Posts Tagged ‘I Roll That Badly’

Hurricane Hak

March 18, 2017

Hak ran through the trees as quickly as he could. At age twelve, he was already over five feet tall and very athletic but that was not strange for a half-orc. He would have had an easy time running except for the tree roots underfoot and the arrows in Hak’s back. Now that his seemingly bottomless rage had run out, Hak could feel the blood dripping down his back even as he ran. He could not stop running or the slavers would catch him again. Two people had already died in the escape attempt, Hak had to make this count or he would join them or he would be back in chains. Both were pretty much the same option.

It had been a long year since Hak had seen the tribe that had raised him. Some of them were half-orcs and some of them were human but they lived together in relative harmony. They hunted together and fought off powerful enemies together. It was here that Hak had learned how to use the rage his blood gave him to his advantage. He missed the grip of the enormous sword he had earned in combat on his sixth birthday. The slavers took the tribe by surprise, using powerful sleep spells to steal away some of the younger members. Hak was shipped far away and put to work. He lived his life in chains now but that was over now if he could just keep running.

As he ran past a tree he reached up and pulled a large branch off of it and carried it with him. If they caught up to him, he would make them pay for every lash of the whip and every boot to his ribs. It almost made him hope they would catch up, even if it would probably mean his death. He was a rabid dog. If he was cornered, he would kill anybody who came into reach. The trees fell away and he was in suddenly in the open which filled his stomach with anticipation. It would not be long now. His heart fell at the sight in front of him. It was a cliff and beyond that was the sea. Hak had run the wrong way.

The men and women who had been following slowed to a jog, forming a semi-circle to make sure Hak could not get away. Hak raised the branch and swung it a few times, showing them that he meant business. He backed almost to the edge of the cliff and growled at the slavers. He tried to access that rage again but it had been depleted. He was just so tired but he would not give up no matter what. A dwarf with a battle ax charged and Hak swung as hard as he could. The branch broke a little on the dwarf’s head, sending the slaver stumbling away. Hak laughed wildly, his eyes wide open.

The tiefling woman to the dwarf’s right did not take such chances. She aimed a crossbow and fired it into Hak’s shoulder. There was a terrible moment when Hak fell to one knee and he felt they were going to take him alive. He tried to push himself back to his feet but he lost his balance. Time slowed down as he realized he was falling over the edge. He could see the disappointed faces of the slavers. He could see the dwarf already yelling at the woman for firing her crossbow. Then they were gone and Hak was alone, falling parallel to the rocky cliff face. At least the slavers had lost. Then came the water and sweet oblivion.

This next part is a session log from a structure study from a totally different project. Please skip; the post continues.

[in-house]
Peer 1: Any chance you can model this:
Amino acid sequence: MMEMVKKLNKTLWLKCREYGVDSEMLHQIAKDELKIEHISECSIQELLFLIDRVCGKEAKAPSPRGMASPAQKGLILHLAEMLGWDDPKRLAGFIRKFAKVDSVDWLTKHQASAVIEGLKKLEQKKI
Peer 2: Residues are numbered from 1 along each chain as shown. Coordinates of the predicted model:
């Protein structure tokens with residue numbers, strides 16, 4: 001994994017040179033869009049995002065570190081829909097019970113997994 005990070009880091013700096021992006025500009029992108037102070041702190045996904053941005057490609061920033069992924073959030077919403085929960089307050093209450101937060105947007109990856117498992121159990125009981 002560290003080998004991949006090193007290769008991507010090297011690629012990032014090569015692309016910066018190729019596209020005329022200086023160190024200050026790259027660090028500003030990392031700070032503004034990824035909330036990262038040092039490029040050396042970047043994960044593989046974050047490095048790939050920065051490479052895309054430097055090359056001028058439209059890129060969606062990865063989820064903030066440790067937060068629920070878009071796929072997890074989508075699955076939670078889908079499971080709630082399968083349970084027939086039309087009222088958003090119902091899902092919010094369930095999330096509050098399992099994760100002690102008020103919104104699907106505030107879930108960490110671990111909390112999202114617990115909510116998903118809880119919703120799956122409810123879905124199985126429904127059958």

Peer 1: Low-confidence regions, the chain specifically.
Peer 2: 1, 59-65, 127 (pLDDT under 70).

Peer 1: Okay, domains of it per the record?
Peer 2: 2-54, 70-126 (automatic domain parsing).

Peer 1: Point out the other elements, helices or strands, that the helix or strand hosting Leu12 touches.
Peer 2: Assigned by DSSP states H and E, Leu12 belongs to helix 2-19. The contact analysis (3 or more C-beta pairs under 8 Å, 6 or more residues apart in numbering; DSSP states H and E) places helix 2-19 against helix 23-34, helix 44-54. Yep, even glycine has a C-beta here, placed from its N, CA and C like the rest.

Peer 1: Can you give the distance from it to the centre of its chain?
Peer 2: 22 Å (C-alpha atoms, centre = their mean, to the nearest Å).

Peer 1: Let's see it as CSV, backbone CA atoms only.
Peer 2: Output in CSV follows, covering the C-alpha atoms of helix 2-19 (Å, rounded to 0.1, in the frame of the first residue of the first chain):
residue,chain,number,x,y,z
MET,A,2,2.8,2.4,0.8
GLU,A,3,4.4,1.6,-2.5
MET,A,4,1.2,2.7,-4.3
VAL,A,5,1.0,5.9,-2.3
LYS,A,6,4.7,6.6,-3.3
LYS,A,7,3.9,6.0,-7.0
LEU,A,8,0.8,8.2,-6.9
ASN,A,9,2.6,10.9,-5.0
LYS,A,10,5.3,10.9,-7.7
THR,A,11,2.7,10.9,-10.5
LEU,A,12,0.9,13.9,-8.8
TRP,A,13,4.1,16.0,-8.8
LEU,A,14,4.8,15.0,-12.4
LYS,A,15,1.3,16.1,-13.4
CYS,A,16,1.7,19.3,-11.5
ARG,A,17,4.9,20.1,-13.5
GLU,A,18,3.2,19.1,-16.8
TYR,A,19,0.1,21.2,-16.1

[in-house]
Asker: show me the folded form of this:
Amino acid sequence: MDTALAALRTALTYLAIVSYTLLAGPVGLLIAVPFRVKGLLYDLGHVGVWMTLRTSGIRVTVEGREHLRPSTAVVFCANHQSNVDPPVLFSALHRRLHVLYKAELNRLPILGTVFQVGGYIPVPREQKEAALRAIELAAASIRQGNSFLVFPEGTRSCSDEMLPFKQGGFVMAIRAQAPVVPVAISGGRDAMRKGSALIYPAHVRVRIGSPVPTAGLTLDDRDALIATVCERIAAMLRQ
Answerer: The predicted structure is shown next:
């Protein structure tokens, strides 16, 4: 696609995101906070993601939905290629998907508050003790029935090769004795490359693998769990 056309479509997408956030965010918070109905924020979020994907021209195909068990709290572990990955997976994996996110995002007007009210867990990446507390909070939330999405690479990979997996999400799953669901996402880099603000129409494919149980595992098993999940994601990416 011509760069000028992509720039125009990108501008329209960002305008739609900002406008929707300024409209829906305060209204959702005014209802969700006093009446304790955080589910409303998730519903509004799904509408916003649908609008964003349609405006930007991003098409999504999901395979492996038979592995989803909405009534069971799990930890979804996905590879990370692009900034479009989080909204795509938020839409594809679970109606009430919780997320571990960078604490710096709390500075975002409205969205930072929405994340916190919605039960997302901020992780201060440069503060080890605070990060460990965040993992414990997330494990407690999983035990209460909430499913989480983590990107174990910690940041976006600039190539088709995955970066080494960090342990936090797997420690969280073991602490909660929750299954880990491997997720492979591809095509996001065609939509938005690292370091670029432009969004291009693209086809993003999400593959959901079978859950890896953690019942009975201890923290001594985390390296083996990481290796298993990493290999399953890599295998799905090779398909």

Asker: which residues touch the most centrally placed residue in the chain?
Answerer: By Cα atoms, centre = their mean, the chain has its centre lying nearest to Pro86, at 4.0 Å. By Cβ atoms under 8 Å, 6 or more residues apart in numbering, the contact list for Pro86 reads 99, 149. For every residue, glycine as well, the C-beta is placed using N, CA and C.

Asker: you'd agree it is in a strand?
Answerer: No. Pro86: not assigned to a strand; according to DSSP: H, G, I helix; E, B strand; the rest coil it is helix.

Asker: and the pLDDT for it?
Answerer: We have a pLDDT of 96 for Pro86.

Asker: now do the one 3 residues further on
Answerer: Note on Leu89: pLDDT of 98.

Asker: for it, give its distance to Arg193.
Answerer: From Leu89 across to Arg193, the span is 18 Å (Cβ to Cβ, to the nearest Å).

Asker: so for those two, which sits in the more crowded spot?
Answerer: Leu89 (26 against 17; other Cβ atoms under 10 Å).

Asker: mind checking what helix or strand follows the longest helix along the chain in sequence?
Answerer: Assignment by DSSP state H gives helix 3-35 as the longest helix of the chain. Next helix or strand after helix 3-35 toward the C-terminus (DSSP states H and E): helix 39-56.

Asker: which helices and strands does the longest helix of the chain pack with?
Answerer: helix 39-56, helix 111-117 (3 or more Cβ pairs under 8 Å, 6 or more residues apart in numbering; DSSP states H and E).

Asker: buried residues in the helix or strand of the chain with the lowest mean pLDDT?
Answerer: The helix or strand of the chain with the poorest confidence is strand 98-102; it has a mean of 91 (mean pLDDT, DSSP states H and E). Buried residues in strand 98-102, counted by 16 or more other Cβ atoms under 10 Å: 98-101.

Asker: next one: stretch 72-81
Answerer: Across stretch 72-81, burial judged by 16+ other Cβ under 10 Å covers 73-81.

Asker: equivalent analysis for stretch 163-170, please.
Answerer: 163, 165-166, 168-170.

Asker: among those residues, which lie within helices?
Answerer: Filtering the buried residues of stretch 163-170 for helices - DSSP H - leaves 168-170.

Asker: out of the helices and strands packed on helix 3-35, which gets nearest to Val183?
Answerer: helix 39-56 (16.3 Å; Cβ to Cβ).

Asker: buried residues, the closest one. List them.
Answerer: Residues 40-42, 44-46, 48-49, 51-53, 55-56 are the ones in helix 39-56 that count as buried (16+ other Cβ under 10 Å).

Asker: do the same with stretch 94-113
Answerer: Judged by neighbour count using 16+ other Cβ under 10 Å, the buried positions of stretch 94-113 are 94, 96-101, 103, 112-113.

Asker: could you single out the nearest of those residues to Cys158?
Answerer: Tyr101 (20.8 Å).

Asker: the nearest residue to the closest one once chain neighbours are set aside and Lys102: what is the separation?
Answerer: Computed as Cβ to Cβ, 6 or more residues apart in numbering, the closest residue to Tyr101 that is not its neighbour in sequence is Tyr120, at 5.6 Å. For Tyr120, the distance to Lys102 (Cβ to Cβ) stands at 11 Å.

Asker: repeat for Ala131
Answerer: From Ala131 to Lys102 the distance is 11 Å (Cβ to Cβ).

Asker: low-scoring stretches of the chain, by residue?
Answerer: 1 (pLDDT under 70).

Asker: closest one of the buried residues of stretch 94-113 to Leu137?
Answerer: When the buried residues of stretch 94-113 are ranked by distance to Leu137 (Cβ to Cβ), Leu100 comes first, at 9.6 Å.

The light came again and Hak held his arms in front of his face. There was the sound of seagulls and the crashing of waves. He realized that the swaying he was feeling was real and not just from his recent blood loss. Though the sun hurt, Hak dared to open his eyes anyway. He was on a ship on what looked like the ocean. Standing over him was a woman with cloth strips tied over her eyes. She smiled in relief as he moved to sit up even though he let out a grunt as he did. She walked down the length of the ship, the ship’s crew took little notice as they went about their duties.

“So you’re finally awake, are ye?” A man with a long beard said. He walked with purpose and authority and Hak knew he must be in charge. He was a human but he was not an ordinary one.

“I am awake. How–?” Hak asked.

“How did you get here?” The man asked. “We fished you out of the ocean. You’re lucky we recruited a cleric a while ago.”

“Lucky,” Hak said. He looked up and could not see the cliff anywhere. “Very lucky. Thank you.”

“We didn’t save you for free. We could use a big lad like you,” The man said.

Hak tensed, remembering how the slavers had put him to work. “You could, huh?”

“Yes. For pay, of course,” the man said with a smile. “You would follow my orders but no more chains and no more whips. What do you think?”

“I have a choice?” Hak asked. He could not hide his surprise.

“Every person in the world has a choice, lad. What are you going to do with yours?”

Hak looked the man in the eye for a long moment. “I will follow you. See what the ocean has to offer,” Hak said at last.

“Good,” the man said. “You look like you could use a drink. Then we’ll see about putting you to work. I’m Captain Trystan but most people call me The Shark. What do we call you?”

“I am Hak.”

The man grinned and patted Hak on the shoulder. “Hak the Hurricane. I like it.”


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